Giuseppe Sandro Mela
Il Brexit non è stato un evento economico: è stato un evento politico, ed anche di vasta portata.
L’establishment aveva cercato di ignorare e di demonizzare chiunque non avesse condiviso la propria Weltanschauung, sia in campo etico e morale, sia in campo politico, sia in campo sociale, sia in campo economico, sia infine come soppressione spesso violenta delle tradizioni storiche e religiose nazionali.
Questo modo di agire ha esitato in una crescita sempre più tumultuosa del dissenso, del desiderio di ricostituire l’Unione Europea con base e dirigenze totalmente differenti. Crescita che alla fine ha portato gli eurocritici a conquistarsi la maggioranza elettorale, come nel Regno Unito ed in Austria.
L’effetto domino altro non è che la logica conseguenza del Brexit.
«It’s not a tragedy, it’s reality and the remaining 27 member states must react quickly»
«It would be a big mistake if the reaction of the 27 countries was the same as the policy of the EU has been so far»
«“the giant part” of people in Europe refuse the migration policy of the EU and is discontented with the economic policy too»
«It’s up to us to say that the fundamental policies of the EU must go through fundamental changes»
«It is necessary to change the ruling coalition in France to carry out such referendum. It will be possible if National Front achieves success at the coming parliamentary elections. The same is in Germany. A victory of the Alternative for Germany movement is needed to conduct alike referendum»
«demands for referendums were made in the Netherlands, France, Denmark and Sweden»
Sarà un anno di consistenti mutamenti.
A giorni dovrà pronunciarsi la Suprema Corte Austriaca sui presunti brogli nelle elezioni presidenziali.
A settembre si voterà a Berlino e nel Land Mecklenburg-Vorpommern, ove Cdu ed Spd dovrebbero prendere una lezione così severa che potrebbe portare anche alla caduta del Governo tedesco.
On ogni caso, a novembre usciranno di scena Mr, Obama, nel marzo prossimo Mr. Hollande ed ad ottobre la Bundeskanzlerin Frau Merkel.
→ The Slovak Spectator. 2016-26-25. Slovakia on Brexit: Challenge for presidency
European people refuse migration and economic policy of the EU, fundamental change needed, says Fico.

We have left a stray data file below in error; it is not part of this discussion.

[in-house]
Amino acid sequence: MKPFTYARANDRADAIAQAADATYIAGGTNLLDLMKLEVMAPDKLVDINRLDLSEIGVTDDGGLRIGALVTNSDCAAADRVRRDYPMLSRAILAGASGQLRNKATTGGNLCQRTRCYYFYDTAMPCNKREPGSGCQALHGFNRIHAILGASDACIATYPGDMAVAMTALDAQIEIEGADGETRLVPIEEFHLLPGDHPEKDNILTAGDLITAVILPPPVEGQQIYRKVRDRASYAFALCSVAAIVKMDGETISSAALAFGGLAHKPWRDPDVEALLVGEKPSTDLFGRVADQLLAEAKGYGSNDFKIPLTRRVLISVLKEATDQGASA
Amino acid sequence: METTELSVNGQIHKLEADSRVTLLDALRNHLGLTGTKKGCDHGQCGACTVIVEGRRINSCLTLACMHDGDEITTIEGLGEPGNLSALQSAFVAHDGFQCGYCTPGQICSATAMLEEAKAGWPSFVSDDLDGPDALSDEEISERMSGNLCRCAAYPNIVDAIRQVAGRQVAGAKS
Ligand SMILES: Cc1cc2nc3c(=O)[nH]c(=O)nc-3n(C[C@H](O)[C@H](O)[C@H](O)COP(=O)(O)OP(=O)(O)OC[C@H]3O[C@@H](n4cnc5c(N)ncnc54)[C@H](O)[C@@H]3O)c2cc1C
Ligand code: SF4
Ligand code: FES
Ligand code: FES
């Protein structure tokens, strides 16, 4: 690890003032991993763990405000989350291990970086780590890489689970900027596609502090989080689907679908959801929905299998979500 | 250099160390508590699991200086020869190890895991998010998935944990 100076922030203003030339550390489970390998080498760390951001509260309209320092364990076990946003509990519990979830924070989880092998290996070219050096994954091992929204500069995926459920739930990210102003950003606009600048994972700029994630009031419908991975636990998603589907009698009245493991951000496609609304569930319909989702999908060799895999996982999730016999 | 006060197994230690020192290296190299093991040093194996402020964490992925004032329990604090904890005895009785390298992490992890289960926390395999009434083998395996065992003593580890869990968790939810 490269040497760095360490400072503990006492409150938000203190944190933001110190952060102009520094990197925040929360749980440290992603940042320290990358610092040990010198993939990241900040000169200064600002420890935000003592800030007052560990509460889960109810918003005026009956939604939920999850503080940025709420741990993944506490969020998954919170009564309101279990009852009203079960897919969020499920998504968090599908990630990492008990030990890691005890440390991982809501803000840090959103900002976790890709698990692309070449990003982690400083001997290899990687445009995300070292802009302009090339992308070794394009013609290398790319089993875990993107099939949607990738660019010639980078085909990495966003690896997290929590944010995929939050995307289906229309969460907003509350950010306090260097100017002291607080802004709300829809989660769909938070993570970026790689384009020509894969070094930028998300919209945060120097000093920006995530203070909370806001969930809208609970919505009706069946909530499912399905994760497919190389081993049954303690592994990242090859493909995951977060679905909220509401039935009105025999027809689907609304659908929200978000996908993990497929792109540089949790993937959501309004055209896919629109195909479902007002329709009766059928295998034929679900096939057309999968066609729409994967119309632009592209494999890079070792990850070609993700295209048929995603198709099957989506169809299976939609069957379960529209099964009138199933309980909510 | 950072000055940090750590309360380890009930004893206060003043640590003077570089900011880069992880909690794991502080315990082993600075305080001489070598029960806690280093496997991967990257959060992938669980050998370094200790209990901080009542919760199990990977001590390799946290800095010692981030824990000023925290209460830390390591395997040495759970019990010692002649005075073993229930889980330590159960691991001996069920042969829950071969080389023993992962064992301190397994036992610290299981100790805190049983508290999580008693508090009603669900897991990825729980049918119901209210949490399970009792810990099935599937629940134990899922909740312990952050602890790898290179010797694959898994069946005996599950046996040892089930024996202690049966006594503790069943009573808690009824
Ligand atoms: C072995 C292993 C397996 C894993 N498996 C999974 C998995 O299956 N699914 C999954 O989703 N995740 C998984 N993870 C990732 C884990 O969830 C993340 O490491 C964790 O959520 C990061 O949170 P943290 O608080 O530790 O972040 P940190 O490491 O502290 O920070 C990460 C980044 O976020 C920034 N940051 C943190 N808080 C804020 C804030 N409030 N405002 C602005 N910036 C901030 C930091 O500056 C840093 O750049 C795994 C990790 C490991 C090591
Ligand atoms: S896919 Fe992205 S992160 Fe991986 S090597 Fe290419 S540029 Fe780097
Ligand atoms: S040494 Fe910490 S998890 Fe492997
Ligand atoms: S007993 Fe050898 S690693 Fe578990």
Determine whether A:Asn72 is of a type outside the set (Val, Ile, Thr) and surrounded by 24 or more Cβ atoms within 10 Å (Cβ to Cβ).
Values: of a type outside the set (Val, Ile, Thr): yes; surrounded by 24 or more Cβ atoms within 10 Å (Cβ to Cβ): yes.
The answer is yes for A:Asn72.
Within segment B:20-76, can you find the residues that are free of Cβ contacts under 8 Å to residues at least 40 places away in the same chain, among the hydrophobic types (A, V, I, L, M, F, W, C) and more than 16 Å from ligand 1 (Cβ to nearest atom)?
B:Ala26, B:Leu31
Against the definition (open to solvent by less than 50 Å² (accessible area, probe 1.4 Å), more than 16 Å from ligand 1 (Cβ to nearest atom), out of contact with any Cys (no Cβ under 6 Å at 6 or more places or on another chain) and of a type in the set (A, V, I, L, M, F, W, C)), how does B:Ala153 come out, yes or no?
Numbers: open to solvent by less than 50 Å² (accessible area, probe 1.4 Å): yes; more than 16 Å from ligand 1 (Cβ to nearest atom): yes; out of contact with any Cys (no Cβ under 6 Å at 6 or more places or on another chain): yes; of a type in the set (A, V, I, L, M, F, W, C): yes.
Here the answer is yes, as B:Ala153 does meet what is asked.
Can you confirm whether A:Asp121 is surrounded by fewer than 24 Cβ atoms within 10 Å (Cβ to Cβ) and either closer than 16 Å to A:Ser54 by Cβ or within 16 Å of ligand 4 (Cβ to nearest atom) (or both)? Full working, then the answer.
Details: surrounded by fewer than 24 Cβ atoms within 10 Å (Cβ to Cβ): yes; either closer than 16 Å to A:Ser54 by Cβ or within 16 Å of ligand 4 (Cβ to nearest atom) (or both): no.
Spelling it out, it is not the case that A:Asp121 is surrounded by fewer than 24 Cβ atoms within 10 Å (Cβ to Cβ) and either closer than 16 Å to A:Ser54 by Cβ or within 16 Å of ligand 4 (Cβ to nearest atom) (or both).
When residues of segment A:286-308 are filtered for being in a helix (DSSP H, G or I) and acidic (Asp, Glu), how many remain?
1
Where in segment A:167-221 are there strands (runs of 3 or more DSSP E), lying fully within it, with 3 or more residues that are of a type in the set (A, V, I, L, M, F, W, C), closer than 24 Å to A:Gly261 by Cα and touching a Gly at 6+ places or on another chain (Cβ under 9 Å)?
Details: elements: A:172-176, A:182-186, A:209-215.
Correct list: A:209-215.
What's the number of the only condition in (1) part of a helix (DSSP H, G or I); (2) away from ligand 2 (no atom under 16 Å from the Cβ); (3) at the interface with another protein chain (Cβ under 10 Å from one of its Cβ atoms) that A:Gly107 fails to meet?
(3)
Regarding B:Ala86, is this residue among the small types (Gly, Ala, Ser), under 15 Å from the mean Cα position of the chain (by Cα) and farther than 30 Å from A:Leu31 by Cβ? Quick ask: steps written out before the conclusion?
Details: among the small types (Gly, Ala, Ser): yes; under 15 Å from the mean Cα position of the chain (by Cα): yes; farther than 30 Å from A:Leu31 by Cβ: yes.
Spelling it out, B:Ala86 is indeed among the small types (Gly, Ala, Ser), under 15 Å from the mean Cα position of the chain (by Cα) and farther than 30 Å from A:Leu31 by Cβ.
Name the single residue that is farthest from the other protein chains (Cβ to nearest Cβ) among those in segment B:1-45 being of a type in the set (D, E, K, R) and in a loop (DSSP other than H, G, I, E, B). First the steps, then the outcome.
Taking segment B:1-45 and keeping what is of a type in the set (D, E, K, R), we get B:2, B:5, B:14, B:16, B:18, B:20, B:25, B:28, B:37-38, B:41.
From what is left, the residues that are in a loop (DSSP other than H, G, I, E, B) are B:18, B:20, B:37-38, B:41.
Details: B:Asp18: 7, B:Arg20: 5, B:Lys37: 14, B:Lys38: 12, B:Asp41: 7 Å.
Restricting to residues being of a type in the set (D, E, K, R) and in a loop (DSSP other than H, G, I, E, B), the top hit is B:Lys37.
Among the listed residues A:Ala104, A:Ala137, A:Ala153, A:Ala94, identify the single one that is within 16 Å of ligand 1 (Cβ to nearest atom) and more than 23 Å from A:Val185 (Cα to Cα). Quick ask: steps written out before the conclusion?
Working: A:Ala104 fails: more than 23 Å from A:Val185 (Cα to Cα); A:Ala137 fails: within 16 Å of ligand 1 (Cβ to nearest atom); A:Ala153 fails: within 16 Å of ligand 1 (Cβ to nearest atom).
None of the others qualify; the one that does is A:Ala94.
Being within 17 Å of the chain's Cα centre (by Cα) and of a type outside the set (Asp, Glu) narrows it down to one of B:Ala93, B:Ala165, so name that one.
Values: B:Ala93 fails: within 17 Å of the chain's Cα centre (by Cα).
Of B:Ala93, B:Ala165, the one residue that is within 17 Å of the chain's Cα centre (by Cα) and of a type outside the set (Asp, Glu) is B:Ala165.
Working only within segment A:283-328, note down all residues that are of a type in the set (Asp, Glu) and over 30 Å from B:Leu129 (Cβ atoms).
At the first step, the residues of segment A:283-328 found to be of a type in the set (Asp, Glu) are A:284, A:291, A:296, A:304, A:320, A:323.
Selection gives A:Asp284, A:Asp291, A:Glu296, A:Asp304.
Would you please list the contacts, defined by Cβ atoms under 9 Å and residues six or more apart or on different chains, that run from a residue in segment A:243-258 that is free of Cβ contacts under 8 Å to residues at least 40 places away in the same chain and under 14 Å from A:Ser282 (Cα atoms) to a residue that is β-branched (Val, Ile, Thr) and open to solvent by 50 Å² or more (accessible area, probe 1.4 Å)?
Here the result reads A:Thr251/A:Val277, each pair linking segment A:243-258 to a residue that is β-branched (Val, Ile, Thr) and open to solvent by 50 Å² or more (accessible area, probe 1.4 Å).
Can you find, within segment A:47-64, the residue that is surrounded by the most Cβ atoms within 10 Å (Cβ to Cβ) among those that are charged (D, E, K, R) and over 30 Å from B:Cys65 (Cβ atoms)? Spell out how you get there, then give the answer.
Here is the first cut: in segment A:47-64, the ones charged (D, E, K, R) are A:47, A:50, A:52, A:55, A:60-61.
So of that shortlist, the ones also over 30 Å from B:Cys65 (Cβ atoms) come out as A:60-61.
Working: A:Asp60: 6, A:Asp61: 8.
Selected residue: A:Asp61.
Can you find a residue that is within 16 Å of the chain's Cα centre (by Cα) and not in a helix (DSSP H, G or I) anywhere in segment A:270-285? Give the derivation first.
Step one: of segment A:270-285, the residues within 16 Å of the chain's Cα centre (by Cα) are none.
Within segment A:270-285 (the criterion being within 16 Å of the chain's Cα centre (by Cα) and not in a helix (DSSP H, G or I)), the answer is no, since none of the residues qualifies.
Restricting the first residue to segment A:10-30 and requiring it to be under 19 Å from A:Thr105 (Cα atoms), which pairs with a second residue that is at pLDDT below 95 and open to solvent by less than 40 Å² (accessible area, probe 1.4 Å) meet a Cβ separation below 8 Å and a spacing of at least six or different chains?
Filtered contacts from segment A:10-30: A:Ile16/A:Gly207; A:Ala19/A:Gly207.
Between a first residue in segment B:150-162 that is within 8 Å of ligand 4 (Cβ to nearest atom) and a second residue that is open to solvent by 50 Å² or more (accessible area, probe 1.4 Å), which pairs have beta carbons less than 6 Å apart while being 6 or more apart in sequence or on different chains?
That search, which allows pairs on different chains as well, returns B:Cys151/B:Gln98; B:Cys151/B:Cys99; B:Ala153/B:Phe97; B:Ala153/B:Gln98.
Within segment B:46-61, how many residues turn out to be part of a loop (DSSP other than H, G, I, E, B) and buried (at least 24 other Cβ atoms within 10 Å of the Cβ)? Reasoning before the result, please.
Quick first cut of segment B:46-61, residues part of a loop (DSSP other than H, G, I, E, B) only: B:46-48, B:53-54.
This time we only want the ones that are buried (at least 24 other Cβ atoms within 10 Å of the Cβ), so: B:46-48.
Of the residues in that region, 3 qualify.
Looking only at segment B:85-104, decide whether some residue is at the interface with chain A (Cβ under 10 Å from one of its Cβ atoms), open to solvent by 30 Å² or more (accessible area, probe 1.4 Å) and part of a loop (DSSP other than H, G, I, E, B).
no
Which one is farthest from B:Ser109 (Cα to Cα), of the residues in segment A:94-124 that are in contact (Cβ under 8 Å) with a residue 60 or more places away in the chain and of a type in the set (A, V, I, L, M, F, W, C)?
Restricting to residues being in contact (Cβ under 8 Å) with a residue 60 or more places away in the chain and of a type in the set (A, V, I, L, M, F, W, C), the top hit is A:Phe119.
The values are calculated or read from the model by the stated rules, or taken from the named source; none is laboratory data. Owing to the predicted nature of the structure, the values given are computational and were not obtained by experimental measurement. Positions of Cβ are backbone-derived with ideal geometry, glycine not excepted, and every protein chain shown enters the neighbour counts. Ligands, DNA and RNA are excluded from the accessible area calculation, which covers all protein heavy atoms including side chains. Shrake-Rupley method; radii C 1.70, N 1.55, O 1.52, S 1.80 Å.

“It’s not a tragedy, it’s reality and the remaining 27 member states must react quickly,” Prime Minister Robert Fico said in his first reaction to the results of the Brexit referendum.
After the results of the referendum were confirmed on Friday morning, making it clear that the UK is set to leave the European Union after decades of membership, reactions started pouring in from Slovak politicians. Most of them spoke along the same lines as the prime minister urging that a calm and timely reaction is needed. They say they respect, but do not welcome the result.
“We respect and regret their decision,” Ivan Korčok, the Foreign Ministry’s state secretary, tweeted, and called on UK representatives to “speak clearly on further steps.
Tough call for Slovak presidency
Prime Minister Robert Fico reiterated that the Slovak government respects the decision of the British voters and said that no comments were necessary. Timely reaction is needed now.
“It would be a big mistake if the reaction of the 27 countries was the same as the policy of the EU has been so far,” Fico said, as quoted by the TASR newswire.
Fico stressed that “the giant part” of people in Europe refuse the migration policy of the EU and is discontented with the economic policy too.
“It’s up to us to say that the fundamental policies of the EU must go through fundamental changes,” Fico said.
As the prime minister of the soon-to-be presiding country of the EU he offered to launch an informal discussion on the future of Europe with his European partners. He believes “a more attractive approach to topics that are perceived negatively” is needed.
Fico called on the opposition to “stop destruction and hate” against his government that is now facing tough tasks ahead of the presidency and in the aftermath of the vote.
It is very important that Slovakia handles its presidency well, the coalition Most-Híd wrote in its official statement.
“No other presiding country has ever faced such a tough task,” the statement reads. Every politician in Slovakia will be responsible “so that we manage the next six months in a way that the EU doesn’t lose even more”.
Timely follow-up expected
Smer MP and head of the parliamentary European affairs committee Ľuboš Blaha sees three risks that Brexit might bring for Slovakia. Firstly, it might affect Slovak nationals who live and work in the EU and “might become second-class citizens”. Secondly, Slovakia will lose an ally in the issue of migration and refugee quotas. And thirdly, similar referendums might be initiated as a result of the British vote, in France, the Netherlands, or Denmark, he told the SITA newswire.